Gusts near 100mph as Storm Arwen batters UK, as man dies after his car is hit by a falling tree


A rare red “danger to life” weather warning has been issued by the Met Office for Storm Arwen – with winds so strong they could destroy homes and buildings, disrupt travel and bring down power lines and trees, it says.

The Met Office issued its highest alert, warning that gusts in excess of 80mph are expected to hit the eastern shores of Scotland and northern England from 3pm on Friday.

The warning, which stretches along the east coast from Newcastle upon Tyne to beyond Aberdeen, says flying debris could result in a “danger to life”.

The alert also warns people of the potential of “roads, bridges, and railway lines closed, with delays and cancellations to bus, train, ferry services and flights” and of “large waves and beach material being thrown on to coastal roads, sea fronts and homes”.

Yellow wind warnings are also in place for western parts of the UK, extending across the rest of the country into Saturday.

There are also yellow snow warnings in place for central parts of Scotland, with central and southern England also warned of the potential for snowfall on Saturday.

The warnings in Scotland say the snow will be more likely in the hills, while most areas covered by the warning in England will see spells of rain with a “small chance” of snow.

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Warnings about cold weather are also in place in the northwest of England – with people encouraged to “look out for friends and family who may be vulnerable to the cold”.

What does a red warning mean

  • Flying debris resulting in danger to life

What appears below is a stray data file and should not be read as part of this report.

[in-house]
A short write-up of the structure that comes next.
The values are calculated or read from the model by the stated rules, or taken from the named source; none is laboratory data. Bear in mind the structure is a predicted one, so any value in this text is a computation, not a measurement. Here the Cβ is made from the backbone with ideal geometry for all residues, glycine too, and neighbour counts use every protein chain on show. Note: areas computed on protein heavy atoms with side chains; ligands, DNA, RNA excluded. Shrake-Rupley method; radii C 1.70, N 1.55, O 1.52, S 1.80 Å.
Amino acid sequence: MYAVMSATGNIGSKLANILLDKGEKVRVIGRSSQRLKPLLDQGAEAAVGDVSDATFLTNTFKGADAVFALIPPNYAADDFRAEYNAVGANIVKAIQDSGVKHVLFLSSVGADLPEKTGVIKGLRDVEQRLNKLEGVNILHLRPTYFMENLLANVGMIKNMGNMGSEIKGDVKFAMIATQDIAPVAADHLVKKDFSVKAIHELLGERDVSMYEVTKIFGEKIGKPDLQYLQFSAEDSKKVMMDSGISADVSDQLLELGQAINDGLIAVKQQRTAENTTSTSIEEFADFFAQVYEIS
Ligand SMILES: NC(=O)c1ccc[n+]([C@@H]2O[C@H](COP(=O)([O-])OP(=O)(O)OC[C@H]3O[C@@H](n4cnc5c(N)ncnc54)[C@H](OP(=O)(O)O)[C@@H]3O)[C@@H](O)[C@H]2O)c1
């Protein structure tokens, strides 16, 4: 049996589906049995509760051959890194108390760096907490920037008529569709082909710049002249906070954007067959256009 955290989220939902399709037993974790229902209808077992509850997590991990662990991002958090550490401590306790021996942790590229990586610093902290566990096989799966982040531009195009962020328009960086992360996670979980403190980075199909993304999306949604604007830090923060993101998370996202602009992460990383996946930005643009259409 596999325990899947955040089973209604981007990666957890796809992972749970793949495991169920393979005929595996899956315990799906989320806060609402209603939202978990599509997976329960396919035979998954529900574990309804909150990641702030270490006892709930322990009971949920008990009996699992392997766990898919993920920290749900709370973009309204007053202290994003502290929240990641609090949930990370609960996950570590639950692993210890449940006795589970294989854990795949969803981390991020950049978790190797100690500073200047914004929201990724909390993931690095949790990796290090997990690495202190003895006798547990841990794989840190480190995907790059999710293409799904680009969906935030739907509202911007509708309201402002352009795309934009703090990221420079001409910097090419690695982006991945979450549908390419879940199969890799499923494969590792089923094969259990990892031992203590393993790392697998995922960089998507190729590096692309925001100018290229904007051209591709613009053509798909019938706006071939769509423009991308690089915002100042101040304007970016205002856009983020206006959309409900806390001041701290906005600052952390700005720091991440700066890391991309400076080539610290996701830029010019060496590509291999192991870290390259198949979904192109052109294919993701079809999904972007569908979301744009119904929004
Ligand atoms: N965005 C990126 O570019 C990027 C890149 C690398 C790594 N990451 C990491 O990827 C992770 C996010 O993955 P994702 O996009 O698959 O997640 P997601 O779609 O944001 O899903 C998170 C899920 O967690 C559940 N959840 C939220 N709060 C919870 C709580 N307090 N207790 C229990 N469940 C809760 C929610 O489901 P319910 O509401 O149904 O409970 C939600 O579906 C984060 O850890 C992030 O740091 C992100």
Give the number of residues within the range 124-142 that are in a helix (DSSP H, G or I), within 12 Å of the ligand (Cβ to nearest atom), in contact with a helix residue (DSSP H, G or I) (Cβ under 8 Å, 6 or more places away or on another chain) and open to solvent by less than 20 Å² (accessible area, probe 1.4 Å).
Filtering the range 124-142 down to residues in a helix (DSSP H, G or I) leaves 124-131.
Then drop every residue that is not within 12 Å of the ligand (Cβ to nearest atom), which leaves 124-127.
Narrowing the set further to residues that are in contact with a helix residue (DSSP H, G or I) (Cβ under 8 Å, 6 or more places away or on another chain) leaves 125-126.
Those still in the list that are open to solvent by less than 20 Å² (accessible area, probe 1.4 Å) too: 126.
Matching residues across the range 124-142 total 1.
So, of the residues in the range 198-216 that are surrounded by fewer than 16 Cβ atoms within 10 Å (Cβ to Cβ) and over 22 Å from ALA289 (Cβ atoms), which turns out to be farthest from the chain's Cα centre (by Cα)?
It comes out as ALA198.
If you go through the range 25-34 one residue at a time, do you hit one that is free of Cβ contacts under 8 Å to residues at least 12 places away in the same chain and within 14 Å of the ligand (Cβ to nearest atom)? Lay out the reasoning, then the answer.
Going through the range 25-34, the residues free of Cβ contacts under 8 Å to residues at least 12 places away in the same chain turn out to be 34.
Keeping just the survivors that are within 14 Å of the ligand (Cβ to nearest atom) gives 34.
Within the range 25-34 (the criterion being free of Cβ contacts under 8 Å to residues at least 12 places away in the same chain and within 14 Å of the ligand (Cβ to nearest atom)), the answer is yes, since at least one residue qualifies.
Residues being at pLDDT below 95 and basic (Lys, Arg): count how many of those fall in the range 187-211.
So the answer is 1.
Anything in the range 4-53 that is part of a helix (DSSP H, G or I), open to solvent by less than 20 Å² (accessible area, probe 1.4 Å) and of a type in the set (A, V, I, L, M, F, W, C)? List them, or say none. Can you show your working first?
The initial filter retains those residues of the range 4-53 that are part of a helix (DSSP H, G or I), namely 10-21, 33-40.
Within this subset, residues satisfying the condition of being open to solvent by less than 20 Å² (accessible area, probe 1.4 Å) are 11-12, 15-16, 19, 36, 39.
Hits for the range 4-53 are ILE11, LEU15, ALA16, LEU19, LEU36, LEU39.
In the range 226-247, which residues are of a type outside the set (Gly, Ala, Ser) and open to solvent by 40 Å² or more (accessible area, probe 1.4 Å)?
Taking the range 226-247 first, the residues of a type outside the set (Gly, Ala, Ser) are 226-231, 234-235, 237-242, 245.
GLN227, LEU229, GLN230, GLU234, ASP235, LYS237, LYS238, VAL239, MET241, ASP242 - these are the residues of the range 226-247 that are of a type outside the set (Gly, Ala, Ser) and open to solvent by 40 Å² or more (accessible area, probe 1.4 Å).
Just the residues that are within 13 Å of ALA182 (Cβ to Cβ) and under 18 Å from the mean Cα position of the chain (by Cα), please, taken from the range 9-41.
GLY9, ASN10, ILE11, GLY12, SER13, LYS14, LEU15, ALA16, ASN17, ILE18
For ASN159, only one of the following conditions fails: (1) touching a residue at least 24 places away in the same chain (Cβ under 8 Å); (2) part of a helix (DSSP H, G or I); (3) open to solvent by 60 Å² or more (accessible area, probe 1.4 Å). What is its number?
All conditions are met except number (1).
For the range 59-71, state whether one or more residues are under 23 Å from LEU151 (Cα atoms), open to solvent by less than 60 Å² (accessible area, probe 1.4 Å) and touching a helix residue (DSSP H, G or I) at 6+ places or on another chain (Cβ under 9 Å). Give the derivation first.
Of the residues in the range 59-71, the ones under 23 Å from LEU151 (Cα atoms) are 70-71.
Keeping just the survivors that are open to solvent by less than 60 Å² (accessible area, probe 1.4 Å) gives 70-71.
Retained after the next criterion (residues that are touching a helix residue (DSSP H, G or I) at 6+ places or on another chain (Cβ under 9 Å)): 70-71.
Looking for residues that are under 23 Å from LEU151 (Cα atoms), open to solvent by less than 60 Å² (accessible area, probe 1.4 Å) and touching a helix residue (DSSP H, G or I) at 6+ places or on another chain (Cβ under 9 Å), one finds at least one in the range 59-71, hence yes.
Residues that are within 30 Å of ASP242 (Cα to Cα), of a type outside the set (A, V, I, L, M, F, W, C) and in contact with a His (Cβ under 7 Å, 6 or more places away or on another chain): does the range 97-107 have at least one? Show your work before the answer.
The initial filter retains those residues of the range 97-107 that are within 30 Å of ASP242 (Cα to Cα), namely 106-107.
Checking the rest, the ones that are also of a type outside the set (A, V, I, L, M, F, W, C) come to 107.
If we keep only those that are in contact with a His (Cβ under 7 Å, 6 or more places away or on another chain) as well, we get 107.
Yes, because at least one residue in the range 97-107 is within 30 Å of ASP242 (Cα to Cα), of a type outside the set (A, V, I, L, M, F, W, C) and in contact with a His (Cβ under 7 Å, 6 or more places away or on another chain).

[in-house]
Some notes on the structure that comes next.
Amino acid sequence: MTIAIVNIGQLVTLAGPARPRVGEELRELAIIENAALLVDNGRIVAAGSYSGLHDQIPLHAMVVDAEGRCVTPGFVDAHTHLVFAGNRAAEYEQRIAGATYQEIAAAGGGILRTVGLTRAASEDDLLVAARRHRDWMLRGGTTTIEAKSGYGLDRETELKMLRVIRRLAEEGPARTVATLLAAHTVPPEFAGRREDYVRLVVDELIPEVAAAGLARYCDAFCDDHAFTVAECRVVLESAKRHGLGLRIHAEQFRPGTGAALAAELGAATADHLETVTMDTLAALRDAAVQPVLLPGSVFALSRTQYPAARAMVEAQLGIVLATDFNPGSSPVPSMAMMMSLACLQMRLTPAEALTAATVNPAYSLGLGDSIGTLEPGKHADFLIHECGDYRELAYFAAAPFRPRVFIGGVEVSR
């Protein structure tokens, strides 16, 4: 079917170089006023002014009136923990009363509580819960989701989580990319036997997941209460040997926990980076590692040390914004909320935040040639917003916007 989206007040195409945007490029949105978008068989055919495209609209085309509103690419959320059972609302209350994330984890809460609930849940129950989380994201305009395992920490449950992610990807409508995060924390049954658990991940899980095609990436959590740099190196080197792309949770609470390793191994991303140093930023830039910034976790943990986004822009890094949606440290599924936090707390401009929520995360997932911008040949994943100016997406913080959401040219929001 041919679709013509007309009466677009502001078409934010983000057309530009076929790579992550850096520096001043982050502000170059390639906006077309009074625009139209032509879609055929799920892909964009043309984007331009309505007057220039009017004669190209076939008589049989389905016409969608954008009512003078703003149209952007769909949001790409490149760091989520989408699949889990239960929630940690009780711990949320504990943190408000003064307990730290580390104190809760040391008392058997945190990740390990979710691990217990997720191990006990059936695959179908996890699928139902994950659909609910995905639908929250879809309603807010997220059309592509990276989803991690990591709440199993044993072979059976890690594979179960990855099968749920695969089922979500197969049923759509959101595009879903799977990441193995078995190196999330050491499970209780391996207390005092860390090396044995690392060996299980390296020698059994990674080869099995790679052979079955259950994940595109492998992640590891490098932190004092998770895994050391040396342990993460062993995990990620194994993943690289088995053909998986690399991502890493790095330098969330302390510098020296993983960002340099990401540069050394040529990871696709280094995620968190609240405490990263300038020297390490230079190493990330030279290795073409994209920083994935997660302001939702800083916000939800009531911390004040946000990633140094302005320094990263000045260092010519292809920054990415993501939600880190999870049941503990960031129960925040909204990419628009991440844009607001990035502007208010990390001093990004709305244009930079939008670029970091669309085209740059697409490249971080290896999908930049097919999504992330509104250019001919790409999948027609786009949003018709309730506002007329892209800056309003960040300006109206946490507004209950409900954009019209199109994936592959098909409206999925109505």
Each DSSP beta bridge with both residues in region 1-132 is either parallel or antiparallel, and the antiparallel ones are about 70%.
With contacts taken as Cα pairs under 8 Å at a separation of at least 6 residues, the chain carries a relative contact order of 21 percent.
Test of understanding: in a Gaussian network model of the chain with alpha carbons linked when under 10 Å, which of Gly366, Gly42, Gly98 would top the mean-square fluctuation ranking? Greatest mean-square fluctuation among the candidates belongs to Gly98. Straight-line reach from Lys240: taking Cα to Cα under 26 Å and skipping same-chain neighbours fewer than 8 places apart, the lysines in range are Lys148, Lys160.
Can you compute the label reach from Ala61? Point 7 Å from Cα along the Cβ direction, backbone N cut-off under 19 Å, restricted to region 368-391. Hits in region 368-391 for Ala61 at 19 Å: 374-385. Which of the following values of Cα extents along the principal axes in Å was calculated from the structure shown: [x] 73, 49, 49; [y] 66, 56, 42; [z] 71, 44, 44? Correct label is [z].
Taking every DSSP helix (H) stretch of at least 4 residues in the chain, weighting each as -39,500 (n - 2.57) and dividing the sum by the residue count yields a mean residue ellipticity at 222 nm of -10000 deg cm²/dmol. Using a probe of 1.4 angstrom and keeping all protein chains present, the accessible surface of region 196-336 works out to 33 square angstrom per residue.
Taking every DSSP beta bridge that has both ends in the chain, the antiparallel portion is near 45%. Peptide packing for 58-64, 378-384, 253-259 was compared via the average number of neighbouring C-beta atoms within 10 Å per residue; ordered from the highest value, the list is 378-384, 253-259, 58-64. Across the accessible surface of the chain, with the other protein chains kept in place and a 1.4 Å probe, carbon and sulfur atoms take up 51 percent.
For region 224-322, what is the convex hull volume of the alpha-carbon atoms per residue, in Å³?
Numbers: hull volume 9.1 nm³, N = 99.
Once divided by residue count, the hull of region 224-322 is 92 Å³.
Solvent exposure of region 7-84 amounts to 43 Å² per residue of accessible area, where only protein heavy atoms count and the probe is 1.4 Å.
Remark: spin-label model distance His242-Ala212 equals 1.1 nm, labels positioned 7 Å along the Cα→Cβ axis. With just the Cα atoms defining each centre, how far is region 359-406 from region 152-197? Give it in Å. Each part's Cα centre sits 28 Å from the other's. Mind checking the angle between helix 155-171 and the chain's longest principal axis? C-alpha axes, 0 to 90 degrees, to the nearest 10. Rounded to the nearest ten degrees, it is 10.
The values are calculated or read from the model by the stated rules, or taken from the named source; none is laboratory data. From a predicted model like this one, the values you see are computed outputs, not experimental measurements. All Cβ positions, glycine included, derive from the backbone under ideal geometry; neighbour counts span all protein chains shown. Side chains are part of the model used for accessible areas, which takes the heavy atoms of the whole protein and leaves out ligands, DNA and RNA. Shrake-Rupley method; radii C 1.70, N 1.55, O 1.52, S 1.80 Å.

• Damage to buildings and homes, with roofs blown off and power lines brought down
  • Roads, bridges and railway lines closed, with delays and cancellations to bus, train, ferry services and flights
  • Power cuts affecting other services, such as mobile phone coverage
  • Large waves and beach material being thrown onto coastal roads, sea fronts and homes

Arwen is the first named storm of the 2021/2022 season – which started in September.

In a statement, the Met Office said: “A rare red weather warning for wind has been added to existing amber and yellow wind warnings, with coastal areas on the east coast of Scotland and the northeast of England set to see the most disruptive winds, with gusts expected in excess of 80mph.

“The red warning will come into force from 3pm Friday and will last until 2am Saturday morning. The northerly wind is expected to cause damage to coastal areas, with exceptionally large waves possible in the northeast, resulting in likely significant damage and hazards from beach material being thrown near the coastline.

“People should stay away from the coast as waves and debris are a danger to life.”

Met Office meteorologist Daniel Rudman said: “Storm Arwen is associated with a deep low pressure system that will impact the northeast most significantly from Friday, but will also bring wider impacts to the UK with high winds, rain and snow probable, especially over higher ground.

“Coupled with the high winds, Storm Arwen is bringing the potential for rain, sleet and snow. The snow will likely be seen the most in the high ground in the north, but there’s a chance of some lower level impacts towards some southern areas, which is reflected with the yellow warnings for snow we have issued.”

Analysis by Kirsty McCabe, weather producer

Red weather warnings are pretty rare and reflect the high likelihood of high impact from the severe weather – they aren’t issued lightly, roughly once a year.

In February 2020, a red rain warning was issued for Wales associated with Storm Dennis.

Before that there was a red warning for wind and snow issued in March 2018 for southwest England and Wales when the Beast from the East hit.

The Met Office names storms on the back of their potential impact, with Storm Arwen declared as the result of the original amber wind warning.

Storm Arwen is expected to move across the North Sea and into Europe by Sunday.